Choices and Preferences of consumer

Choices and Preferences of consumer:

Now that we have described what the consumer can do, we will tackle the question of what he/she will do. It is here that we must make some assumptions about behavior, and as I remarked above, we will assume that the consumer always chooses the best alternative from his/hers budget set. Choice theorists (and economists studying microeconomic behavior) start by defining objects of choice. In our case it is consumption bundles which are these objects. A consumption bundle is simply a list of quantities one for each good (a pair in our two-good world). The budget set describes the set of all feasible consumption bundles, and given this set we may contemplate a process in which we ask our consumer to rank all feasible bundles. By this we mean that we ask whether he/she thinks that bundle A is better or worse than bundle B, or if they are equally good. If he/she says that A is better (worse) than B, we say that the consumer has expressed a “preference” for A over B (B over A). If he/she says that A and B are equally good we say that the consumer is “indifferent” between A and B.

It is convenient to use mathematical symbols to express the possible relationships between A and B (it becomes tedious to write e.g. “A is preferred to Bj etc.):

A › B → A is preferred to B
A
∼ B → A is at least as good as B
A ∼ B → A indifferent to B.

Note here that the symbol ? shows strict preference, while ›∼ shows weak preference, which means that A could be equally good as B, but it is never the case that B is better than A.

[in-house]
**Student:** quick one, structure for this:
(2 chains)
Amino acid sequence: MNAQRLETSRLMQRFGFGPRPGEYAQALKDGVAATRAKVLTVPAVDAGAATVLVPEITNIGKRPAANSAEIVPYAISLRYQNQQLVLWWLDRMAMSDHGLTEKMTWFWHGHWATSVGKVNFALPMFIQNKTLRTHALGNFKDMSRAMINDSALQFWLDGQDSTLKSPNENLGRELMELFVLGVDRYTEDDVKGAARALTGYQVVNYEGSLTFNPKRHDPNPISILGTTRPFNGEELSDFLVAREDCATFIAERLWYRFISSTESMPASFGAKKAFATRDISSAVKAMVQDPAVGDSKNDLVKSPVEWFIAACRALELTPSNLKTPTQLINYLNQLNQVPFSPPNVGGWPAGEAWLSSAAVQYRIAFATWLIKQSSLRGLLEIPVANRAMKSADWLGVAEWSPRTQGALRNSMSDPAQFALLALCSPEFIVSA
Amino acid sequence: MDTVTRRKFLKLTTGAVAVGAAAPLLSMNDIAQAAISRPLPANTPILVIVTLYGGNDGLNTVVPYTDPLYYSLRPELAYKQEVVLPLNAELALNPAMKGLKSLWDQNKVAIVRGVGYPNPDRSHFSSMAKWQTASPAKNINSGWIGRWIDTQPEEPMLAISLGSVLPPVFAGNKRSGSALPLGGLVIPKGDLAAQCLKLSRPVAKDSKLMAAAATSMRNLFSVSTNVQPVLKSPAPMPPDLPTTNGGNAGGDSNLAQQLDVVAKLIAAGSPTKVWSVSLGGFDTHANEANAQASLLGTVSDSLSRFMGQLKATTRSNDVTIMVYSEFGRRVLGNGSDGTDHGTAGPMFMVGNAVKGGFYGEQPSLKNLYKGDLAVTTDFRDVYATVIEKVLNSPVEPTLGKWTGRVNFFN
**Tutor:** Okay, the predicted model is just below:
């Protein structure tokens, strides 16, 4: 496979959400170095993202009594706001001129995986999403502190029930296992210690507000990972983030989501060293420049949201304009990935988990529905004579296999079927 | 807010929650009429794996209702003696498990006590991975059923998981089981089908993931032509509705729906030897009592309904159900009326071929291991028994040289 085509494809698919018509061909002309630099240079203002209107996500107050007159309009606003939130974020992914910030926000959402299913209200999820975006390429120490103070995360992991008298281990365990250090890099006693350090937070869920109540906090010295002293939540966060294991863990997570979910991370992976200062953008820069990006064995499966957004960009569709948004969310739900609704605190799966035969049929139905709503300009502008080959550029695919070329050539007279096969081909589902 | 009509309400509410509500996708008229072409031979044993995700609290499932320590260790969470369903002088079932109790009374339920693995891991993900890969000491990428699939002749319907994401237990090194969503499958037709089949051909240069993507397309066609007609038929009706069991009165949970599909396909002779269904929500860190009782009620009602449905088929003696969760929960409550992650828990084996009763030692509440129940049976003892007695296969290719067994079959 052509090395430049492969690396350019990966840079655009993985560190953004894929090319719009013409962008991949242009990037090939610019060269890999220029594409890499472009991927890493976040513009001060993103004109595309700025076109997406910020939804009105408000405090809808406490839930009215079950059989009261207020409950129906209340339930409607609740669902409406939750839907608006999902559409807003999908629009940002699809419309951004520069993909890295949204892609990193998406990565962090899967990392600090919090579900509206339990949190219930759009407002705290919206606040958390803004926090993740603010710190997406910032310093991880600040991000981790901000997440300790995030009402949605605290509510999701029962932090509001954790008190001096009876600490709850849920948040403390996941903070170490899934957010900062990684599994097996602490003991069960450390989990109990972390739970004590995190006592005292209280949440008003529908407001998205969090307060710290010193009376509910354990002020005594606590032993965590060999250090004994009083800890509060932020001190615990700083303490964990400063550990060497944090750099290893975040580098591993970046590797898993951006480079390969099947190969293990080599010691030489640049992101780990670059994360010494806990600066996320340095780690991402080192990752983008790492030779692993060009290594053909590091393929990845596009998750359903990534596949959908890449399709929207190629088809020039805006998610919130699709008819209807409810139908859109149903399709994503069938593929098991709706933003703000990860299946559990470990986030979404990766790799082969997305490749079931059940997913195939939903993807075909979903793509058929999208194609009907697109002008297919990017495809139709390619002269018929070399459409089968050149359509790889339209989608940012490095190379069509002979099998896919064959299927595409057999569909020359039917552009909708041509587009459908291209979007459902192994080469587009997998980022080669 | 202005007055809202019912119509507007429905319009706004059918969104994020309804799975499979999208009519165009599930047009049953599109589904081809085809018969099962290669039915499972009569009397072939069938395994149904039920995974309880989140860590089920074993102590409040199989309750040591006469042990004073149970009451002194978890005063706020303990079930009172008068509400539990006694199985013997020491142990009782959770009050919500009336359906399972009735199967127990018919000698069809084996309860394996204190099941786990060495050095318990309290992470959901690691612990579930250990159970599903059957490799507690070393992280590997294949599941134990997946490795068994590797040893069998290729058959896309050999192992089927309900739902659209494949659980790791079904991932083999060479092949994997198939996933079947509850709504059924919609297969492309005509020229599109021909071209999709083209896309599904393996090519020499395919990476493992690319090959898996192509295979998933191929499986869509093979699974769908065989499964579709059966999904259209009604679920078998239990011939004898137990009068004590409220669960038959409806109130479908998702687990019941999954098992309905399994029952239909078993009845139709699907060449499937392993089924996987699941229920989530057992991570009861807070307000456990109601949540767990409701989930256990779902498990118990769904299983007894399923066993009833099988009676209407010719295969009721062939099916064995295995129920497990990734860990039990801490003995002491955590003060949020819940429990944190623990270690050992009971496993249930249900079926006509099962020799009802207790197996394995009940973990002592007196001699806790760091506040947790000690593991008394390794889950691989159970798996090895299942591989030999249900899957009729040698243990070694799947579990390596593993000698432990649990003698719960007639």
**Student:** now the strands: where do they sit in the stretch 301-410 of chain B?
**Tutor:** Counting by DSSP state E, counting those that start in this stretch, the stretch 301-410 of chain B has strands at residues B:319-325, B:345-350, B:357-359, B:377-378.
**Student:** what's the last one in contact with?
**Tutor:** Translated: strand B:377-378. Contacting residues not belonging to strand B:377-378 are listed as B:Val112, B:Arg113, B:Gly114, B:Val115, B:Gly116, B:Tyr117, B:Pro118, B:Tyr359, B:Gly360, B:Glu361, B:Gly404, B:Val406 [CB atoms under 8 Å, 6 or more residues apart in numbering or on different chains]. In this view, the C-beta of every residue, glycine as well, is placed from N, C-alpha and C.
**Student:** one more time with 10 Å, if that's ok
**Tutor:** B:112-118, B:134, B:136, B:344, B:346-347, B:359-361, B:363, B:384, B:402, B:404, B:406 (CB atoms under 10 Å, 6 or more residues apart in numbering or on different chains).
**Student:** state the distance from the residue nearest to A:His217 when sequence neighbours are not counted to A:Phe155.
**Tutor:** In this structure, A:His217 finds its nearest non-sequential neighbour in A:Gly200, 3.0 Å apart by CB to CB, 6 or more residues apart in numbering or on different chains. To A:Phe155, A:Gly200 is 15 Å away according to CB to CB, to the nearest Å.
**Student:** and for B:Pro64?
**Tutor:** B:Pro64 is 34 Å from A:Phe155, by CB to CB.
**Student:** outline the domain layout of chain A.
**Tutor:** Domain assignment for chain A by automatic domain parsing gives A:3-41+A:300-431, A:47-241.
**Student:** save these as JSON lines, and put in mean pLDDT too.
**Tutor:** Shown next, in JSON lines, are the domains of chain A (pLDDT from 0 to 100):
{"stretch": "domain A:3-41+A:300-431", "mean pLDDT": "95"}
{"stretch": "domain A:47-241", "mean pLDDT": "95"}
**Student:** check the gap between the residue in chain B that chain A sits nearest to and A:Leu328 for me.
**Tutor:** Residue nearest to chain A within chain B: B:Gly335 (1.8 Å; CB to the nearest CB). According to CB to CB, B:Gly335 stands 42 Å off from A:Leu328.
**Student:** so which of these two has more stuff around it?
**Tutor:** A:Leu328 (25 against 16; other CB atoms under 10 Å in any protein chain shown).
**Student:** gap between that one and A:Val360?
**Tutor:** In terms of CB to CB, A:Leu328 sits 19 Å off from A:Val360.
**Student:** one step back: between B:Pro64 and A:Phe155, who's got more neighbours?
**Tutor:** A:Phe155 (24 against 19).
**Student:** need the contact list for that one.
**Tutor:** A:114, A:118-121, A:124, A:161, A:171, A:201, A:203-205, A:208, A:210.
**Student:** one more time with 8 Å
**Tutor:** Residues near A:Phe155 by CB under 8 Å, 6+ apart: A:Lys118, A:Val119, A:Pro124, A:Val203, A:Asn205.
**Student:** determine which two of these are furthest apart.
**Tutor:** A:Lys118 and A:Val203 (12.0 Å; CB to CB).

It is very convenient to make some assumptions about preferences, which rules out certain “irrational” choice behavior. For example, it would seem natural to rule out the possibility that the consumer first say that: A › B and then B › A (of course, over time, preferences may change but we assume that preferences are expressed at one point in time). Another set of assumptions about preferences (or axioms of choice) are:

Assumption 1: Complete preferences. The consumer is able to compare all possible bundles, and rank them.

Assumption 2: Transitivity. In a comparison between three bundles (A, B and C), assume that the consumer says that A is at least as good as B, and that B is at least as good as C, it then follows that A is at least as good as C, or,

A ›∼ B & B ›∼ C → A ›∼ C

These axioms imply that preferences are rational. The meaning of rationality in this context is that preferences, and choice behavior, are consistent. If transitivity did not hold, for example, it would imply that we could have that A ›∼ B & B›∼ C & C ›∼ A. In this case all bundles are at least as good compared to any other bundle, and it would be impossible to pick out any “best” bundle, which is what we want to do. Hence, the assumption of rational preferences is indispensable to any theory of choice.

Assumption 3: “More is better” (Greed assumption). This is not a crucial assumptions to make, the basic theory works well without it (assumptions 1 and 2 are indispensible). However, it will simplify our analysis because no goods will ever be left unused (and we have to decide what to do with them). It means that consumers always will use their entire budget to spend on goods.

Assumption 4 & 5: Continuity and strict convexity. These are “technical” (or rather mathematical) assumptions, but they are necessary to rule out some “weird” or unusual behavior. As assumption 3, they are not necessary, but convenient.

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